Spotlight on the Arts
HEART ON A STRING BIDDING IS UNDERWAY; DON’T MISS OUT!
Are you bidding? The CAMP Rehoboth HeART on a String art event bidding site is now open, and CAMP Rehoboth invites you to the fun.
This invitational event showcases the work of emerging and established artists who have joined together to support the arts, and you can too. Read some of their stories below, but here’s the gist of the event.
The artists were invited to submit small works of art—approximately 12 inches square, give or take a little—for full or partial donation. They have been hanging in the gallery since April 23 and stirring up a lot of interest. This auction follows in the tradition of our HeART of The Community and LottoHeart projects with several returning and new artists to add to your collection.
You can view these wonderful pieces in person at the CAMP Rehoboth Community Center or place a bid online.
All the bidding is online, but don’t let that worry you if you aren’t that computer savvy. Come to the Closing Bid Reception, and someone can help you bid to win. It’s fun and can help us all chip in to team up to support the arts.
The Closing Bid Reception will be at CAMP Rehoboth on May 26 from 5 to 7 p.m. Bidding can be done at the reception or online. The actual bidding will close at exactly 6:30 p.m. on May 26 and bidders will learn if they have won the bidding wars.
Stories Behind the Art
Art often tugs at our heartstrings and the stories from the exhibiting artists will tug at yours. Come see their visions and hear their stories on May 26 at the Closing Bidding Reception.
Vincent Hughes: “When my partner and I first came to Rehoboth in the 70s, we used to stay in a guest house on Baltimore Avenue named The Crow’s Nest. The building that was once that guest house serves today as the home of CAMP Rehoboth. Back then, I would sit on Poodle Beach and sketch the Speedo-clad men sunbathing around me, as they conveniently remained motionless for long periods of time. Now I have the luxury of painting from professional models who pose without Speedos. Building up layers of transparent colors to represent the reflections and shadows defining the male figure, I strive to express its timeless beauty. My painting, Summer Gold, is reminiscent of my early Poodle Beach sketches, scenes illuminated by summertime’s golden light.”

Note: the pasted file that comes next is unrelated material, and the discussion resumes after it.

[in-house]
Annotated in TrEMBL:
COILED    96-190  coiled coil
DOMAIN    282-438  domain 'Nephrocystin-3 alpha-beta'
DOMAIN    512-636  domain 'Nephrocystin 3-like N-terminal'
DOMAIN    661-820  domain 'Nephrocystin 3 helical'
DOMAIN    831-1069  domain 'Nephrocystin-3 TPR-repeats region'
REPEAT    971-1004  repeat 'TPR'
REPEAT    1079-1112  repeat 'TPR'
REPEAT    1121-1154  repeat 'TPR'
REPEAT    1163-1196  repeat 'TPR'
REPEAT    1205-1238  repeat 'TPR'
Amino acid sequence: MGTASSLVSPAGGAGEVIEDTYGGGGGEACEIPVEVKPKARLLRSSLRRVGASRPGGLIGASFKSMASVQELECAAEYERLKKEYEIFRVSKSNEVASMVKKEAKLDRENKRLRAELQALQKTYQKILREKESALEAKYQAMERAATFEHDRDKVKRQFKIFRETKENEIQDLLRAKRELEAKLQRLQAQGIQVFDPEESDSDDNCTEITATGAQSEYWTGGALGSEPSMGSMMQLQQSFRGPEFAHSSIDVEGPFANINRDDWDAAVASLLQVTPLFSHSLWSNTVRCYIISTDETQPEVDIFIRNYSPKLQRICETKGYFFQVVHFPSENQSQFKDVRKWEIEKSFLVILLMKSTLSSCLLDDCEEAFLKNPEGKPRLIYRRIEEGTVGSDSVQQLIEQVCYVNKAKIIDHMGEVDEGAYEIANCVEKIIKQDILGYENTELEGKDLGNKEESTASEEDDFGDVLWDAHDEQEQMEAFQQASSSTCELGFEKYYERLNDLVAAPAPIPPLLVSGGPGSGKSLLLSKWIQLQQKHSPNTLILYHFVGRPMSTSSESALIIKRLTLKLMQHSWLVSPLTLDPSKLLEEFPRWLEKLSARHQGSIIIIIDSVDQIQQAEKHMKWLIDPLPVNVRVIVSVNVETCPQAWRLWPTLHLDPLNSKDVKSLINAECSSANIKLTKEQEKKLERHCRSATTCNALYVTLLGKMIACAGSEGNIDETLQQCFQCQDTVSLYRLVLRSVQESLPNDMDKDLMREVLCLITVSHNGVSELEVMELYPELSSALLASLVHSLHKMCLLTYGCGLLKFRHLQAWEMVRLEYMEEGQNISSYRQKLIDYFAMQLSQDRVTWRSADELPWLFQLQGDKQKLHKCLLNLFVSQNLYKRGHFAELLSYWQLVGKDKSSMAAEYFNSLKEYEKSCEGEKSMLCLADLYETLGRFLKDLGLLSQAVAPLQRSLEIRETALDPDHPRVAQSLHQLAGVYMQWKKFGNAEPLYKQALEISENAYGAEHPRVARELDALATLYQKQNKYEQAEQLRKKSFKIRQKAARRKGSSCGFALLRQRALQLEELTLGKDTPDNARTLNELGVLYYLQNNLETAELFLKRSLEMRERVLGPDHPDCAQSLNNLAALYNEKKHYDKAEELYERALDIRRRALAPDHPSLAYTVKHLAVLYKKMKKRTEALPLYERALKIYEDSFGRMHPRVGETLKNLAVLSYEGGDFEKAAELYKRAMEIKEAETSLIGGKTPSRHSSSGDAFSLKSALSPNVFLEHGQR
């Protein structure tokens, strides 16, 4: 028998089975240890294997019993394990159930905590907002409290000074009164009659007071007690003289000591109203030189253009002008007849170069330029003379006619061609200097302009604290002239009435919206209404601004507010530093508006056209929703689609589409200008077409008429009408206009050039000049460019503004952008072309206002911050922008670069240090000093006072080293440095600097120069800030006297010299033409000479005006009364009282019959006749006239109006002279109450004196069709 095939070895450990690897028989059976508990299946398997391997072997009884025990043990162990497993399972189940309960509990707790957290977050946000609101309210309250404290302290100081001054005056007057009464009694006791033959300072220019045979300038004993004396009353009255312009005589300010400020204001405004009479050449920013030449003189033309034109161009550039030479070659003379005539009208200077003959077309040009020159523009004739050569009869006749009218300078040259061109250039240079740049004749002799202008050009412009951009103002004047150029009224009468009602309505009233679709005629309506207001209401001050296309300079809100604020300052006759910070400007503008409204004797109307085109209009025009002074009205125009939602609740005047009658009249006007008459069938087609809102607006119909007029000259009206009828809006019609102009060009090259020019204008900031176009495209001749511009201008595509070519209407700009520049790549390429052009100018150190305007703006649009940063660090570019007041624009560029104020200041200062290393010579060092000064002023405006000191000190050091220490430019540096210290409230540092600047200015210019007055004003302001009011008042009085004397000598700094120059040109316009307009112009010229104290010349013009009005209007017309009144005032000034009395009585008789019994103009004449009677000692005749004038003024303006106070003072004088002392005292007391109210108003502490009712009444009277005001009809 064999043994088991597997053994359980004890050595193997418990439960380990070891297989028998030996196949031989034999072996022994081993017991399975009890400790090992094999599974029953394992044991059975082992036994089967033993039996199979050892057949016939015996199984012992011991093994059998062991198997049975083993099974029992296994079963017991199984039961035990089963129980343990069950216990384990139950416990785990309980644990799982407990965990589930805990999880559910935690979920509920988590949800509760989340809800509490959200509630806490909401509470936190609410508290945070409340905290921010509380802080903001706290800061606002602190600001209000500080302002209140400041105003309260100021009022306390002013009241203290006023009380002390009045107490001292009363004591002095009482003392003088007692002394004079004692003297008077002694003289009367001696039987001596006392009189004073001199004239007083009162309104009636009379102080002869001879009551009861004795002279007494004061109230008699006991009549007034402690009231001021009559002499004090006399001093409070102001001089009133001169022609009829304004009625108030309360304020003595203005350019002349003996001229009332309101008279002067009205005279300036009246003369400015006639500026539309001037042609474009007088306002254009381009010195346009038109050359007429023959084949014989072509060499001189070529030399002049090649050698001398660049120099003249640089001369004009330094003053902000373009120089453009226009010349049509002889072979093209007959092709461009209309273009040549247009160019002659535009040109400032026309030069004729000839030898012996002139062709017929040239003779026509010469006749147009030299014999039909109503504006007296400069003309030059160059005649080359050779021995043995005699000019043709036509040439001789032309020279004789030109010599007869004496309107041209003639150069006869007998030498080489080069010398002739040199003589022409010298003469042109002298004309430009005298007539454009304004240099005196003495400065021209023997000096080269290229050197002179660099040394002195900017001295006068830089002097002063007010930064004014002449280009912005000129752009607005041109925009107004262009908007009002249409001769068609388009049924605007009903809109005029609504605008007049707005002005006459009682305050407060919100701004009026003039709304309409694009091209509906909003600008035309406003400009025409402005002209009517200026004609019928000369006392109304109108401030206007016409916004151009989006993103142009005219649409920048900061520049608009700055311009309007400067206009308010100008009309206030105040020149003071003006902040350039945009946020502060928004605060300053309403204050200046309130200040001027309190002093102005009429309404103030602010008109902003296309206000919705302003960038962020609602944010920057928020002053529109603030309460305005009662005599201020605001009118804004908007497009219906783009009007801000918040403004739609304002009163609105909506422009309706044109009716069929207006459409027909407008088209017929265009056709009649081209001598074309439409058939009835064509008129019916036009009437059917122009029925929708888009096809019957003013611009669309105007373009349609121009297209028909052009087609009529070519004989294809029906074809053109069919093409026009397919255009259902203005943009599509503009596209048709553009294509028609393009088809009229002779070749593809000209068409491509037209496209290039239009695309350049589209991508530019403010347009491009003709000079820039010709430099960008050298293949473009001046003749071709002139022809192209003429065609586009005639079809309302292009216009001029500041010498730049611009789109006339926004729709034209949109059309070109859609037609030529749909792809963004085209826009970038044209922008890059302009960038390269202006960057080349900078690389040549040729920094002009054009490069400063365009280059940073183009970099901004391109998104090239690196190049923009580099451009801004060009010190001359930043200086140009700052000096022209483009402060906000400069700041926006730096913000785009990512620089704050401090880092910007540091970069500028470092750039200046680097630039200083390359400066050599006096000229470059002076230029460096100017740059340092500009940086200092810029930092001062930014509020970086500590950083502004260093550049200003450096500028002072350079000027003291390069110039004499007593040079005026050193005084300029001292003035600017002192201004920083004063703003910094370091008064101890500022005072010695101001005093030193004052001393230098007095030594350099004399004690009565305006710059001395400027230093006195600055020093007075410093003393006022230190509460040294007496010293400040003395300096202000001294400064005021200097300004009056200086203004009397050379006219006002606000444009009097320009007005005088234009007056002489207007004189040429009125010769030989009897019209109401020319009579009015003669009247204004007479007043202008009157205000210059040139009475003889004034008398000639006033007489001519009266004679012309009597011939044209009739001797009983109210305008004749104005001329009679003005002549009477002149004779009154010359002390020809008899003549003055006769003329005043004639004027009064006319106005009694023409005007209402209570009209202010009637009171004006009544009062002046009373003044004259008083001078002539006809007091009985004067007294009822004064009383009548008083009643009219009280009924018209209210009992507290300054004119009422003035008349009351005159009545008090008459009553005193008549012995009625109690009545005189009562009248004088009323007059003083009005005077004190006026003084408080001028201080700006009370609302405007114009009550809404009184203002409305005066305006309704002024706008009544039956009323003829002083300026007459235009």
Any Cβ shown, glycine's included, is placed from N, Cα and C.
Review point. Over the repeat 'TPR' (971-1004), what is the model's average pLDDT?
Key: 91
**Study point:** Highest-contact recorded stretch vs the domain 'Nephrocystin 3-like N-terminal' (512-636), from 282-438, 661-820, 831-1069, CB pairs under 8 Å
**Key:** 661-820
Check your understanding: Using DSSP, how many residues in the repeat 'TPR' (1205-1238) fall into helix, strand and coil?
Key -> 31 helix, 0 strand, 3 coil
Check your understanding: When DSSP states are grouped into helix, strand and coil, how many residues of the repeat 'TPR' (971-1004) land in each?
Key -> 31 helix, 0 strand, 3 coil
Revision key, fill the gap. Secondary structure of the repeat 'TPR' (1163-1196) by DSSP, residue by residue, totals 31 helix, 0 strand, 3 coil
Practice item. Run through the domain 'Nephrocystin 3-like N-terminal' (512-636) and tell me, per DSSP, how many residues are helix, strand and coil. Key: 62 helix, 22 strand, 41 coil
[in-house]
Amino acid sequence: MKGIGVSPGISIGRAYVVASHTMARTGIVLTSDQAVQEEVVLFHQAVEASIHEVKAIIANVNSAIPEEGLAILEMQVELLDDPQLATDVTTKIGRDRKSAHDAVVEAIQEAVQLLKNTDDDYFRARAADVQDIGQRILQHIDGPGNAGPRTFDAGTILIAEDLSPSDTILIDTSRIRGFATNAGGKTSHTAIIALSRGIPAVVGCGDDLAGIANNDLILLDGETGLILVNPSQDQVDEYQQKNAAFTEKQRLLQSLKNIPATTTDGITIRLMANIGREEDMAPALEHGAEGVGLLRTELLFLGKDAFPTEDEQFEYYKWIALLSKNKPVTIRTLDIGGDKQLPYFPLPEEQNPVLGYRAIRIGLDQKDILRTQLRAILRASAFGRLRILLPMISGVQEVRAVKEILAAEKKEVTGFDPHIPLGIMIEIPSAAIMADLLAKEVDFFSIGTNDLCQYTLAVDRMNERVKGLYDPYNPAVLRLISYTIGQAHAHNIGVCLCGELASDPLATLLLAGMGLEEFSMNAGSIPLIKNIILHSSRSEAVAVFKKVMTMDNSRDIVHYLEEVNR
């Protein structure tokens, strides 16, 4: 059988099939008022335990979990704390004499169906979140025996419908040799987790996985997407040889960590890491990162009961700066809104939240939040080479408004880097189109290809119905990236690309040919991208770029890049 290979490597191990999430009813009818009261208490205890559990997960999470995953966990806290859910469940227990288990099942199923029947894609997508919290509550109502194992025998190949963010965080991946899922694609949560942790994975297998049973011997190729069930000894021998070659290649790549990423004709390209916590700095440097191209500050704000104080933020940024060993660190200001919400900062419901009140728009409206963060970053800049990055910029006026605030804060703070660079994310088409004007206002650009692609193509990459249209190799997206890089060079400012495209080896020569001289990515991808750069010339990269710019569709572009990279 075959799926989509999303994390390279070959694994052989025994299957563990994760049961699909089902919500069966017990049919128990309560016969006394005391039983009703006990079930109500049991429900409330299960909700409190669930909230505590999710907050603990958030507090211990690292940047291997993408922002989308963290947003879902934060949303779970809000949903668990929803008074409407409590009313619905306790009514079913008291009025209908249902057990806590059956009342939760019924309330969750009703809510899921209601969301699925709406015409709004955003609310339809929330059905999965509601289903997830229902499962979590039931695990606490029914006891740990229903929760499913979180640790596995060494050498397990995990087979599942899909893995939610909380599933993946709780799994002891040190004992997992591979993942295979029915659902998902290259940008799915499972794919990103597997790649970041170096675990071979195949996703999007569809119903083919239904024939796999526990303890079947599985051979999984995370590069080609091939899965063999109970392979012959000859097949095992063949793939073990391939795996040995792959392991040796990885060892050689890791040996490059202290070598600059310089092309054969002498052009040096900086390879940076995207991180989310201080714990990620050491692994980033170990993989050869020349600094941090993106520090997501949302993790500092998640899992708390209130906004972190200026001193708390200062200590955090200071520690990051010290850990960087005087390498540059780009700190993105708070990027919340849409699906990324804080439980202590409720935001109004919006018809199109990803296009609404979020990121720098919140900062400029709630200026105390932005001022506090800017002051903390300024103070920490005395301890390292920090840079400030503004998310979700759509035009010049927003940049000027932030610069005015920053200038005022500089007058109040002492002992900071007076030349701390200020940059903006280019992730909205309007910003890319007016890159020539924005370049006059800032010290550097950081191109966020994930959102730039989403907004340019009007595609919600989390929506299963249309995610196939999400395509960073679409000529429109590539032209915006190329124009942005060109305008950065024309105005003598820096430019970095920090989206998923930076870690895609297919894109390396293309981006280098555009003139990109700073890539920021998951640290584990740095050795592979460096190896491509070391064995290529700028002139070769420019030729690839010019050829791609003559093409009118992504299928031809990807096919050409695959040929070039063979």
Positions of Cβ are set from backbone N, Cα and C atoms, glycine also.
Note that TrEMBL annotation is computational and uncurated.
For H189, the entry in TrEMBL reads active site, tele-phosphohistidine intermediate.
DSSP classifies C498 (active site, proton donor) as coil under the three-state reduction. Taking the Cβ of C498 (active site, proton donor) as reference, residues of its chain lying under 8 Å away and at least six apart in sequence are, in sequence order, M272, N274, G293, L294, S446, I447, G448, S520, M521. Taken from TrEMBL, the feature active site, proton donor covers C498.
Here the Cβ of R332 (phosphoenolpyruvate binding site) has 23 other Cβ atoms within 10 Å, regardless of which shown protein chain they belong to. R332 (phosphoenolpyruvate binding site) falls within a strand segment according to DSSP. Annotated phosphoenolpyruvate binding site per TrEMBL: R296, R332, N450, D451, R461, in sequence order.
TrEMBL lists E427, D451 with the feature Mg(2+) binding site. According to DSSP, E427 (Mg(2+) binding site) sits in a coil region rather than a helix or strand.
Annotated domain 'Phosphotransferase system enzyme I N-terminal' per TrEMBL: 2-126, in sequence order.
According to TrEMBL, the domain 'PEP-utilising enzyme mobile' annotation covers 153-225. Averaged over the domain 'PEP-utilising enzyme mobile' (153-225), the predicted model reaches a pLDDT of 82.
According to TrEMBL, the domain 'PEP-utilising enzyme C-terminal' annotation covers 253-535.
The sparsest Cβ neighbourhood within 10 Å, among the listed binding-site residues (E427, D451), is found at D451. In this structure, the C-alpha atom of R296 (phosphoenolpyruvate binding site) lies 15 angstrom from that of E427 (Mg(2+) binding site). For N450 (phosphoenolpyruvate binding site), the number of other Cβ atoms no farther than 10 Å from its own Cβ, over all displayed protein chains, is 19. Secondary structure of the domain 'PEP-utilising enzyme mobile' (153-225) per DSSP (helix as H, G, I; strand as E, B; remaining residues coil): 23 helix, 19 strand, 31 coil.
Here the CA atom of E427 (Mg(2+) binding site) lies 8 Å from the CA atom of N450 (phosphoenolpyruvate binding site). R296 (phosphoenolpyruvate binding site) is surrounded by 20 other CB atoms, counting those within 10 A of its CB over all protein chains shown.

Donna Deely: “I’ve been coming to Rehoboth for over 30 years, and many of my works are linked to my love of the beach. Whether it’s an oyster, the north shore towers, or lobster buoys, they all remind me of the place I am most happy—near the ocean. Lobster buoys are full of color and conjure up wonderful memories of lobster rolls and weathered and crusty old seafood shacks I’ve visited up and down the coast.”
Jeffrey Todd Moore: “I created my piece especially for this event. When I heard the theme was Heart on a String, I immediately thought of Steve Elkins and how all of CAMP Rehoboth must have felt like their hearts were hanging by a thread. I’ve always liked the logo that Murray created for CAMP Rehoboth and remembered that it had a heart in it. I thought of that heart falling out. But there is a house built around that heart and that represented a foundation, a structure that could hold up this heart and eventually recover.”
Yvonne Frankis: “Two of my favorite things in life are music and art. Although I’ve been painting since I was nine years old, it was about five years ago that I realized every time I painted, I had to have the right soundtrack while I worked. My huge love of music had influenced me all along, but now I know each song I love has a painting attached in my mind. My piece, done using only black and white paints, is titled Ridin’ the Storm Out, influenced by REO Speedwagon’s song of that title. I chose this piece for the show because so many of the fabulous people who come to CAMP for love, acceptance, friendship and more have ridden out storms of their own or have people in their worlds with stories to tell.”
Michael Mueller: “The piece I designed Sleep Softly Fallen Angel was inspired by Steve Elkins. Steve was so dear to me, and it was so inspiring and sad to watch his journey. When it came time to do the piece, he was so much on my mind that the muses brought me this angel to honor and celebrate the amazing life he led. He was truly an angel and hero to so many people.”
The funds raised through the sale of art, along with a grant award from Delaware Division of the Arts, are used to support CAMP Rehoboth arts—visual, performance, and more.▼
CAMP Rehoboth arts programs are supported in part by a grant from the Delaware Division of the Arts, a state agency, in partnership with the National Endowment for the Arts. The Division promotes Delaware arts events on DelawareScene.com.